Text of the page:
Benedict wanted to revisit a tribe he met in West Papua and first met decades agoBenedict wanted to revisit a tribe he met in West Papua and first met decades ago

Benedict wanted to revisit a tribe he met in West Papua and first met decades ago: Benedict Allen

The pilot hurriedly dropped me off at the runway and suddenly disappeared, leaving me there in the heat and humidity, along with my overstuffed belongings and my chain-smoking translator, Shadrach. The Korowai gathered around them.

Fortunately, they turned out to be a hospitable couple. That is, until Shadrach stopped handing out his cigarettes and instead took pictures of the Obini, who was invariably shown with a bow and arrow in hand. “These people are fighters?” someone asked as he backed away. “As we once were?”

I could understand his point. One only had to look at the older houses of the Korowai, built high into the trees as a defense strategy. Apparently you ascended via a carved pole that could be hacked away at the first sign of an attack.

Benedict observes the older houses of the Korowai, which were built high in the trees as a defensive strategyBenedict observes the older houses of the Korowai, which were built high in the trees as a defensive strategy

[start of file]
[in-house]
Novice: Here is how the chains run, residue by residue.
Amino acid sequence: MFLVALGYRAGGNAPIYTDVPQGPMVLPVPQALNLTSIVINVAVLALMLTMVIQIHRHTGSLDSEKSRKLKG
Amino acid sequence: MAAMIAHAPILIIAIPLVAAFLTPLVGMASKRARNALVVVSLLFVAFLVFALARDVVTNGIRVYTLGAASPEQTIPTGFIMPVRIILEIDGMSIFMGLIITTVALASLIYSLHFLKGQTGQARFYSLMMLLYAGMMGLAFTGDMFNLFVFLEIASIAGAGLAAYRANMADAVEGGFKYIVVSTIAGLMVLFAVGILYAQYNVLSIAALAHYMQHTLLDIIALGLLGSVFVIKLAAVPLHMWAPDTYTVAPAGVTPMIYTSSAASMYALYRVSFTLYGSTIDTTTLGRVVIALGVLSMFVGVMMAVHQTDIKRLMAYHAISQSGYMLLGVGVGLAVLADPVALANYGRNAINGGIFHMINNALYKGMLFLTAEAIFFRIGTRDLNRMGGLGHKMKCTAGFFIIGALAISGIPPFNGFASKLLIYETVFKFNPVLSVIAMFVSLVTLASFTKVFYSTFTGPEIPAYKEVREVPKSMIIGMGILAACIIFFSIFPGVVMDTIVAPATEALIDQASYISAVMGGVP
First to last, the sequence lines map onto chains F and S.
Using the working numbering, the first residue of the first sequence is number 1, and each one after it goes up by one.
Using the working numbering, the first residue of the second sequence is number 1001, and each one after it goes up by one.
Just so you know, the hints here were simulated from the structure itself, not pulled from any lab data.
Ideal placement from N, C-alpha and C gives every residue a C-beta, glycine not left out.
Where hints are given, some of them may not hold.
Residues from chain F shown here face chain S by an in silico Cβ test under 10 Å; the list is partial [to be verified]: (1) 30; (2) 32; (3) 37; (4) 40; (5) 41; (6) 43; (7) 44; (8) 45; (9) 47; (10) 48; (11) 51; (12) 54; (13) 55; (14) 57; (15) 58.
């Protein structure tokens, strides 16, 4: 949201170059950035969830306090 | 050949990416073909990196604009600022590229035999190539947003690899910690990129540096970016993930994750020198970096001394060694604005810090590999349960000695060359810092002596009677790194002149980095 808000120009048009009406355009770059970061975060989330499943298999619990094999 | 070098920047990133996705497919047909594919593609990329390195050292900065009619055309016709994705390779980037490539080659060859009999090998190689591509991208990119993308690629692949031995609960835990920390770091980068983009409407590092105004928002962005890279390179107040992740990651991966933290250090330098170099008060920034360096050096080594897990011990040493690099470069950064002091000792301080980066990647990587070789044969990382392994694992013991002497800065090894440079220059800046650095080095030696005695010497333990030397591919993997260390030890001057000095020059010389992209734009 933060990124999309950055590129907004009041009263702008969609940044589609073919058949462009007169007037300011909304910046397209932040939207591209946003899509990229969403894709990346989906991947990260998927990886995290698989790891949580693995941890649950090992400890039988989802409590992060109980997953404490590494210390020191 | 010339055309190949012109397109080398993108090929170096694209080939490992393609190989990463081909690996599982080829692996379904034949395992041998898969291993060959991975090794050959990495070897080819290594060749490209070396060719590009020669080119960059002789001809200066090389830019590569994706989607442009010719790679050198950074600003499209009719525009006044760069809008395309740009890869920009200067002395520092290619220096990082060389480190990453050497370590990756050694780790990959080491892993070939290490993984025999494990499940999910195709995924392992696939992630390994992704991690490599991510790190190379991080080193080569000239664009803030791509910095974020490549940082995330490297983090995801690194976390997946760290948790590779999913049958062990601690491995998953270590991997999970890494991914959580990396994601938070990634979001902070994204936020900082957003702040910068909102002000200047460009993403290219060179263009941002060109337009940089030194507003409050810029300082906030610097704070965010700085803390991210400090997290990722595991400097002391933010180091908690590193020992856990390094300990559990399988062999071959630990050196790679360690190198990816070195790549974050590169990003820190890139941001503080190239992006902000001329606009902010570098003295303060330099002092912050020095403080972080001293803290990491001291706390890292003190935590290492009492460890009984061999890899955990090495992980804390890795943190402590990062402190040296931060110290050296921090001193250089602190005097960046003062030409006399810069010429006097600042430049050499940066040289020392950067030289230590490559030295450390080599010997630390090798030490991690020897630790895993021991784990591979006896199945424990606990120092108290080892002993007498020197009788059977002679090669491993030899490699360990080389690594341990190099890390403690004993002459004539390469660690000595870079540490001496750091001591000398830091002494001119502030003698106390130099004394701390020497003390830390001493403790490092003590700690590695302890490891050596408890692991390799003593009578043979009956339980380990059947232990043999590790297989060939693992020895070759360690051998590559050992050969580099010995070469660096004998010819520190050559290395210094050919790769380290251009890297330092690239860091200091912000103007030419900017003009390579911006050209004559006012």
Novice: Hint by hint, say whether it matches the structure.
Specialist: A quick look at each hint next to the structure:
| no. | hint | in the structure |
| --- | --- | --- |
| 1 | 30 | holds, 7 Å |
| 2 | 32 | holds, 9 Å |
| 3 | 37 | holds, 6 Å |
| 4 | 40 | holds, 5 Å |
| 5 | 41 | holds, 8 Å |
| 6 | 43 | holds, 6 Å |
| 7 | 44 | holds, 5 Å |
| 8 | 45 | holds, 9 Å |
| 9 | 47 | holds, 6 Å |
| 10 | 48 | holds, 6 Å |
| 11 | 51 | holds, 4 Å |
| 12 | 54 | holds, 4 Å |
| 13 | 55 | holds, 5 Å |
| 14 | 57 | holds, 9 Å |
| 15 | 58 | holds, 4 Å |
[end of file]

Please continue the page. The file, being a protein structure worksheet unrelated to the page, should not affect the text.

Benedict observes the older houses of the Korowai, which were built high in the trees as a defense strategy – Benedict Allen

But now a young man named Oich-e spoke up. “You’re too old, weak and too tall,” he said with commendable honesty. “Unfortunately, without our help, you will die soon.”

Together with four friends, Oich-e led us into the trees, and as we trotted along I reflected on the generosity of such native people; how it was only by relying on them and traveling in a spirit of vulnerability (unlike some of my Victorian ancestors) that I had survived over the years.

Time and again we came to Korowai settlements and were offered fruits, fish and sago to sustain us. And then I pulled out my photos of the Obini – and there were looks of utter horror, but not a glimmer of recognition. It wasn’t until our tenth day of travel, relying on the forest knowledge of the Korowai and my own experience navigating endless bush with a compass, that we came across a guy named Jakob. He noticed that the clay used to decorate the intimidating Obini war shields had a redder hue. This clay would be found another five days to the west. We got closer.

Benedict gains the trust of remote people by traveling in a spirit of vulnerabilityBenedict gains the trust of remote people by traveling in a spirit of vulnerability

Benedict wins the trust of remote people by traveling in a spirit of vulnerability – Benedict Allen

But we were tired now – stung by bees, torn by thorns. And I was long ago limited to eating raw sago grubs, which are large and wriggly and not a personal favorite. Moreover, the bridges that Oich-e helpfully constructed over various creeks have not once proven sufficient for someone of my height – I am 6 feet 4 inches – or even for my competence.